Orlando di Lasso is generally considered to be one of the last and one of the finest composers of the Franco-Flemish school, a school (if that is the right word) that begins with Dufay and includes several great composers: Ockeghem and Josquin, de la Rue and Isaac. The forms that di Lasso’s motets take are often complex. Of the 13 on this disc none are in the standard four parts: six are for double choir (with eight, nine or ten voices), one is 12-part, one ten-part, one eight-part, one seven-part and one six-part. The organization within these parts also tends to be complex. In the six-part Te Deum the odd-numbered parts are plainchant and the even-numbered polyphonic. Omnia tempus habent sets the presentation of youth against old age by having a high voice choir of four sing the former and another four-voice choir, of low voices, sing the latter.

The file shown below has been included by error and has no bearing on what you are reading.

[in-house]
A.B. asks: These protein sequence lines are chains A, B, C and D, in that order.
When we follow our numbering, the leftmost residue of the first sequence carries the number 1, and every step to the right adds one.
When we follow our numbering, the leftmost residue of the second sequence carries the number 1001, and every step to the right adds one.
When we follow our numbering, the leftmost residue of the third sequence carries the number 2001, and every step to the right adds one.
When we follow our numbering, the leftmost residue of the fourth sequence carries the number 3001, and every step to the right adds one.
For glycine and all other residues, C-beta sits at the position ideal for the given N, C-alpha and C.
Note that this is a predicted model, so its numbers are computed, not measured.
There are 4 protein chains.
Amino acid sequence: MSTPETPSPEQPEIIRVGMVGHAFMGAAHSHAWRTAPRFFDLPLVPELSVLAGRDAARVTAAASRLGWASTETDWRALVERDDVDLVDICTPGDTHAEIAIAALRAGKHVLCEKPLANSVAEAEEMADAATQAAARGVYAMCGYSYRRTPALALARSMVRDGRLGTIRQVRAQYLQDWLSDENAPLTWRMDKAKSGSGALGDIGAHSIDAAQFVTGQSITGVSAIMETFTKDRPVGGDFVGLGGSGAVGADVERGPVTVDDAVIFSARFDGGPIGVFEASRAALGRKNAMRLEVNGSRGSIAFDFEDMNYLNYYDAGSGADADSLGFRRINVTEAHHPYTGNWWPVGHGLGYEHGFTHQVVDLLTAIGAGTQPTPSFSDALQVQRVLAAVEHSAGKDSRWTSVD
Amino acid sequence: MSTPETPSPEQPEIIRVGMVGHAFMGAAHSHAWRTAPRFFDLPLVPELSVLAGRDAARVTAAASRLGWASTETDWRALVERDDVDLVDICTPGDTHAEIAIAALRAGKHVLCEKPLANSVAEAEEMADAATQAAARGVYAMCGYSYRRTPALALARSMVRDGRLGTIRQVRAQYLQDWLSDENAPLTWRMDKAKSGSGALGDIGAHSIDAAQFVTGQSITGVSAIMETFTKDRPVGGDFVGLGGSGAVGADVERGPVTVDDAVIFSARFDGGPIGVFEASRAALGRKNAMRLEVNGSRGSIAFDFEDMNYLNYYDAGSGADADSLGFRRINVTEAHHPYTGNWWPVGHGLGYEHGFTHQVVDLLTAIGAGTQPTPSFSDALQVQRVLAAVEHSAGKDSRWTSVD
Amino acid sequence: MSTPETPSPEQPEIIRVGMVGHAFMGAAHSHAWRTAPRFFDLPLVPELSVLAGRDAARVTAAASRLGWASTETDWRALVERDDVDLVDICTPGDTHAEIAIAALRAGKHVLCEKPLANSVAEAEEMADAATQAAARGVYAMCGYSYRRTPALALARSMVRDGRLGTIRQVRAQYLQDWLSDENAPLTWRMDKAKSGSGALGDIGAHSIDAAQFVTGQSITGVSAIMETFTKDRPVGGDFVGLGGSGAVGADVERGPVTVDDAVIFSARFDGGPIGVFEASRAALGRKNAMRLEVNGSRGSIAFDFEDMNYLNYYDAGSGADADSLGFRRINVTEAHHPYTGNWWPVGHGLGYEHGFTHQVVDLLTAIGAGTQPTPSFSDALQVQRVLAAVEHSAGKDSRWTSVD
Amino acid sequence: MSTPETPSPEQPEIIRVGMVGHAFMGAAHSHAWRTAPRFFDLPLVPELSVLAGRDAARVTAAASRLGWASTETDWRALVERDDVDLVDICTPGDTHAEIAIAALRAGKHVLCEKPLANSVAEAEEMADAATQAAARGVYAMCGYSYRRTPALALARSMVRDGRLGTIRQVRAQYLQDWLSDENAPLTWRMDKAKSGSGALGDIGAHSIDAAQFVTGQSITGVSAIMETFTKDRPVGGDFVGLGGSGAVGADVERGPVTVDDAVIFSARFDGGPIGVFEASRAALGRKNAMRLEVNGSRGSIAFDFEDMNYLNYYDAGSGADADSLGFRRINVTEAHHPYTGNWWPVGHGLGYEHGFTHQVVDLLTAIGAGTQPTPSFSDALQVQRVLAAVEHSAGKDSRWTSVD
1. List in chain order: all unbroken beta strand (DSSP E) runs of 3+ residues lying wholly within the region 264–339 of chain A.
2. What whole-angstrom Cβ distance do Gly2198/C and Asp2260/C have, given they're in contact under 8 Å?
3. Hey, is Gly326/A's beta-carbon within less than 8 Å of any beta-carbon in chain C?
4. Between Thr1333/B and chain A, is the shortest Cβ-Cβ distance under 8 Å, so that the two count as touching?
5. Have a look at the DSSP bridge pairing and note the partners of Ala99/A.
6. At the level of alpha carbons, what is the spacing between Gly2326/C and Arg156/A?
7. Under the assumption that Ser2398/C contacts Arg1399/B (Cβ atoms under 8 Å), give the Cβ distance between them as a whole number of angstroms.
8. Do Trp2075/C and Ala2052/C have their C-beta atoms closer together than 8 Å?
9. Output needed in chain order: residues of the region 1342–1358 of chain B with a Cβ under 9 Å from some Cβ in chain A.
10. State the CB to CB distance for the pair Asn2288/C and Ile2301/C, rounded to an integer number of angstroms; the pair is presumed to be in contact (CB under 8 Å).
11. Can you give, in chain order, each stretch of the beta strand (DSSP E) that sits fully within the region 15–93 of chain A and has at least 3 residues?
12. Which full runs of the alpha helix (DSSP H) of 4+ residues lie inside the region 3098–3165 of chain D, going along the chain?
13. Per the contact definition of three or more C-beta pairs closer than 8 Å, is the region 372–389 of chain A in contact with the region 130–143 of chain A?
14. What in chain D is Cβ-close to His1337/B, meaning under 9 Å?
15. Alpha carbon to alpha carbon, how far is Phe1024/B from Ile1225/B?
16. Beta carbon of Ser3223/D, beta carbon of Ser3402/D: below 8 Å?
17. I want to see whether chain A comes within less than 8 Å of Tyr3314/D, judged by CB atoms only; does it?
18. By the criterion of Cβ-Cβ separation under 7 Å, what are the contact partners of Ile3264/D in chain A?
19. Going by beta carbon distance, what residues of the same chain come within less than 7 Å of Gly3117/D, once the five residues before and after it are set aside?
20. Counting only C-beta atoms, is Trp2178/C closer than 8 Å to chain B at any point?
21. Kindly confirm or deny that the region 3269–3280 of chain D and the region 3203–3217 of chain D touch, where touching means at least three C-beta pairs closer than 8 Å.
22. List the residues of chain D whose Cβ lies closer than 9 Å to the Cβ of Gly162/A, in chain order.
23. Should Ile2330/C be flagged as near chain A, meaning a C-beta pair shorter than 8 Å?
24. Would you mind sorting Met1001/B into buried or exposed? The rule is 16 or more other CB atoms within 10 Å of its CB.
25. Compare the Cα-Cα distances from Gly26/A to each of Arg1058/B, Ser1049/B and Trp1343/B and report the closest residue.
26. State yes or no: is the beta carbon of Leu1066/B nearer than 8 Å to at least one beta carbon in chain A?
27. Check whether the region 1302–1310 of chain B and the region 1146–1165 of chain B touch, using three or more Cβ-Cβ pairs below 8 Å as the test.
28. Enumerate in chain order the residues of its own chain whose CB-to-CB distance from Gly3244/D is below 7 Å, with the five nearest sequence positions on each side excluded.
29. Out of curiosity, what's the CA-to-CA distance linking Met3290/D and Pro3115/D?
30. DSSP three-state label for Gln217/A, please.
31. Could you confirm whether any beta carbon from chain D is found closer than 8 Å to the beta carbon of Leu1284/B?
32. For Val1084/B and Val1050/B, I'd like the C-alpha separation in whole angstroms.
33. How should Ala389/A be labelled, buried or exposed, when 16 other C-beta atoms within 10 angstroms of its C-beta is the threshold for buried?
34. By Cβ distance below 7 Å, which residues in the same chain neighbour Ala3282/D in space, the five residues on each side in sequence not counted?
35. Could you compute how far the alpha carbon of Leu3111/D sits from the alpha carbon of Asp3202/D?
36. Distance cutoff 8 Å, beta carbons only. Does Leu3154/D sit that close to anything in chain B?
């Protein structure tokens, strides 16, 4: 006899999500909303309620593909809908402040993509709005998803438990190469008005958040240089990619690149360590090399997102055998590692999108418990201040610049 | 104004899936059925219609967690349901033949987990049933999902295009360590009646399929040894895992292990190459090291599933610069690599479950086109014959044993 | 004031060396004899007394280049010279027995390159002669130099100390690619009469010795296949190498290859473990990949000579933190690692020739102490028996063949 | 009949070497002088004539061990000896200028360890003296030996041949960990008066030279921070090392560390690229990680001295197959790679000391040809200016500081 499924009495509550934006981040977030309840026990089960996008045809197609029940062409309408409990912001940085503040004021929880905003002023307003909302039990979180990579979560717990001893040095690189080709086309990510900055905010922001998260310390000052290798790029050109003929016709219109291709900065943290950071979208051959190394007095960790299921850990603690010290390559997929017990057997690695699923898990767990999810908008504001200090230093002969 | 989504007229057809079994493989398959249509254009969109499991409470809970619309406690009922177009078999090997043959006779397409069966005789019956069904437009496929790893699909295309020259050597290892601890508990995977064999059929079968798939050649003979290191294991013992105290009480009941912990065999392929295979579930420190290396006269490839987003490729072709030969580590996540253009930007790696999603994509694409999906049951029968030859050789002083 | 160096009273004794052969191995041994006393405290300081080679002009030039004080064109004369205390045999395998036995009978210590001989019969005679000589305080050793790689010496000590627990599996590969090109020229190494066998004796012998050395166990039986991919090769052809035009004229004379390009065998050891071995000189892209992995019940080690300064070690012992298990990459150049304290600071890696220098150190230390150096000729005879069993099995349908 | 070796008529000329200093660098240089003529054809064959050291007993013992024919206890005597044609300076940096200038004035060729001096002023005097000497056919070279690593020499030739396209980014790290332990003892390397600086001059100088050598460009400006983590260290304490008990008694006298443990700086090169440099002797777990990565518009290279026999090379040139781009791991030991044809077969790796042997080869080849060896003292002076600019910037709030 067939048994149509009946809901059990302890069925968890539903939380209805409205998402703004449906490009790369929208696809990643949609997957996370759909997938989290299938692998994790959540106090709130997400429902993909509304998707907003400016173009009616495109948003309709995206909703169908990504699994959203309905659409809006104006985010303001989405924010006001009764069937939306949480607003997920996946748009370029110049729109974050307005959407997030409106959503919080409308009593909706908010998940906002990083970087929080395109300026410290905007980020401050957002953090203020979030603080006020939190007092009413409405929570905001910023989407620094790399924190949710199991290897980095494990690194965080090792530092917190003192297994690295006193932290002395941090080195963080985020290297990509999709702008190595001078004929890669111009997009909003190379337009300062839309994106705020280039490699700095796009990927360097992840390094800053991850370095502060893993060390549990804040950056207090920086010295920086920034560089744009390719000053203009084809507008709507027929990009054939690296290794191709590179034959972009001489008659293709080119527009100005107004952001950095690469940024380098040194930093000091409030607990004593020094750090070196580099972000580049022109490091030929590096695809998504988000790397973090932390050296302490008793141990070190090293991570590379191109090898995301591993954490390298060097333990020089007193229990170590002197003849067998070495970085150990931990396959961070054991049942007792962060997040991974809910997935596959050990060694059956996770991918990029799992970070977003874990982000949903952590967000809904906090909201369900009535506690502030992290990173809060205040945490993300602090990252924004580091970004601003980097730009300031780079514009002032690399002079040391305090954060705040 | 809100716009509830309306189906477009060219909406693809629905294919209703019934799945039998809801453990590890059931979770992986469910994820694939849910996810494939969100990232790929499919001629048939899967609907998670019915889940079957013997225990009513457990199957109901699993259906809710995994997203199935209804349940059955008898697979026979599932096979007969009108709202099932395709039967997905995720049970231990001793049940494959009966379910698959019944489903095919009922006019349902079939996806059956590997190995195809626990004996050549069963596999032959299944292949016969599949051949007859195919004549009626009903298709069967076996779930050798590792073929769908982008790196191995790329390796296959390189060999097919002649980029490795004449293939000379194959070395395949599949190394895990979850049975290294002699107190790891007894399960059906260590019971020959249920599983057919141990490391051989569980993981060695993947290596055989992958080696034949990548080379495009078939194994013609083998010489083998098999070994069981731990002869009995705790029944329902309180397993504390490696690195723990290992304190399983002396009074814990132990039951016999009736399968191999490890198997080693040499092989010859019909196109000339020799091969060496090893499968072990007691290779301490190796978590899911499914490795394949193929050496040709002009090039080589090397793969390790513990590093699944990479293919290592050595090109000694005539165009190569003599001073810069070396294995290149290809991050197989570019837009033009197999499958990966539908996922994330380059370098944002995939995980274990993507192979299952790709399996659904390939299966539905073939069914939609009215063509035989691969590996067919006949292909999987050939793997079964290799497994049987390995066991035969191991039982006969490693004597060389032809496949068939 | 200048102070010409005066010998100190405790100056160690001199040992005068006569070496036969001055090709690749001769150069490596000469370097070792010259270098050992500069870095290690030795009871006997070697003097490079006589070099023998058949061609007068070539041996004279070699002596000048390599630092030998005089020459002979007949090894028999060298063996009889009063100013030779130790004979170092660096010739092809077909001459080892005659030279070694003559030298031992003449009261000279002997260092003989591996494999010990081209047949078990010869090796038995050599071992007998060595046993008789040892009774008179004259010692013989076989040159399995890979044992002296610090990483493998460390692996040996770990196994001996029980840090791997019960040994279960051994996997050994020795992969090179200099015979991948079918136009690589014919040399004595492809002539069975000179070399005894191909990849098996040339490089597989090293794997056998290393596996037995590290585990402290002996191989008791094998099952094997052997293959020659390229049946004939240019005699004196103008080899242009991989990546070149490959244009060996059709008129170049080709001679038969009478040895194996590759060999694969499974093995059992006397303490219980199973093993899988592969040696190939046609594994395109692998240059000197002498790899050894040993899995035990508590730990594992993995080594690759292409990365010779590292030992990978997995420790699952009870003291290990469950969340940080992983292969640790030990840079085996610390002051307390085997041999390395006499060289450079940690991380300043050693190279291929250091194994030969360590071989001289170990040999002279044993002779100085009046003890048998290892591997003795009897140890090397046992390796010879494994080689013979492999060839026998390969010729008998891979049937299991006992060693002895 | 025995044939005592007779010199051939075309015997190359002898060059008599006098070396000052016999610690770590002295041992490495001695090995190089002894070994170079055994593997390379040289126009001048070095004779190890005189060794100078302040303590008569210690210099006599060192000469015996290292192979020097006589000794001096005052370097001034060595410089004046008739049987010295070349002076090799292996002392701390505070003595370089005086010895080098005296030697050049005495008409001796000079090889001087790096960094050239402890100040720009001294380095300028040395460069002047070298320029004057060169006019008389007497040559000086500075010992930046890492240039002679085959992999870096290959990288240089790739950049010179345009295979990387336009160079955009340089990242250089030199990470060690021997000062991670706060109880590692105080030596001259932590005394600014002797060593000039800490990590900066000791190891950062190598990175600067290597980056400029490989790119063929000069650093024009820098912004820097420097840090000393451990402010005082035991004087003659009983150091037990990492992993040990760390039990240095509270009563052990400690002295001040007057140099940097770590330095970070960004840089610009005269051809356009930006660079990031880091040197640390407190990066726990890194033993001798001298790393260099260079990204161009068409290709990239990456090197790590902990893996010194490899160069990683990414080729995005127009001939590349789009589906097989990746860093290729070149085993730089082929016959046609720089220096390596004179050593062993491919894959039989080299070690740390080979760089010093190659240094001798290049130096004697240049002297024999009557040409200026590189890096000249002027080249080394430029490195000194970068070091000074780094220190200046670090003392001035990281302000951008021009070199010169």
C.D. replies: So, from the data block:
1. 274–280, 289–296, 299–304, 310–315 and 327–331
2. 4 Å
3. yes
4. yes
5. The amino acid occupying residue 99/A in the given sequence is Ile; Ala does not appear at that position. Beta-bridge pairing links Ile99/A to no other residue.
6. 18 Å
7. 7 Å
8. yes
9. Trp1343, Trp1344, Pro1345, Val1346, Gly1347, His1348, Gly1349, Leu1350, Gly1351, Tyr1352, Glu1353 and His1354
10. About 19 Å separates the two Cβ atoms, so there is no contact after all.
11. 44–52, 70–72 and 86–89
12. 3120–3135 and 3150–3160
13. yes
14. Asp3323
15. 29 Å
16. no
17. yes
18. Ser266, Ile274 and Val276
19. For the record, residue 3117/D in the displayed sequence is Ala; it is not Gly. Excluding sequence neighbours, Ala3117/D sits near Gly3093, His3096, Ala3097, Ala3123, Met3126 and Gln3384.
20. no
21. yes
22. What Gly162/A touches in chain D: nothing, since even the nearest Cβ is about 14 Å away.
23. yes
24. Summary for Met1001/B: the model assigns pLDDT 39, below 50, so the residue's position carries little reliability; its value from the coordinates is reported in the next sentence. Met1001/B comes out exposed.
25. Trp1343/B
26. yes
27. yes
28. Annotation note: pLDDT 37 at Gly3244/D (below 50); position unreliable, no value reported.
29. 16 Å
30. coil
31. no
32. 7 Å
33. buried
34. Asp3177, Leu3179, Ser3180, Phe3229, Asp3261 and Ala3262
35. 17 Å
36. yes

The Studio de musique ancienne de Montréal was founded in 1974 by Christopher Jackson and has, since Jackson’s recent death, been directed by Andrew McAnerney. On this record the choir consists of 13 singers who perform a cappella. This is challenging music, for the listener and the performer alike. The singing is glorious and the disc is strongly recommended.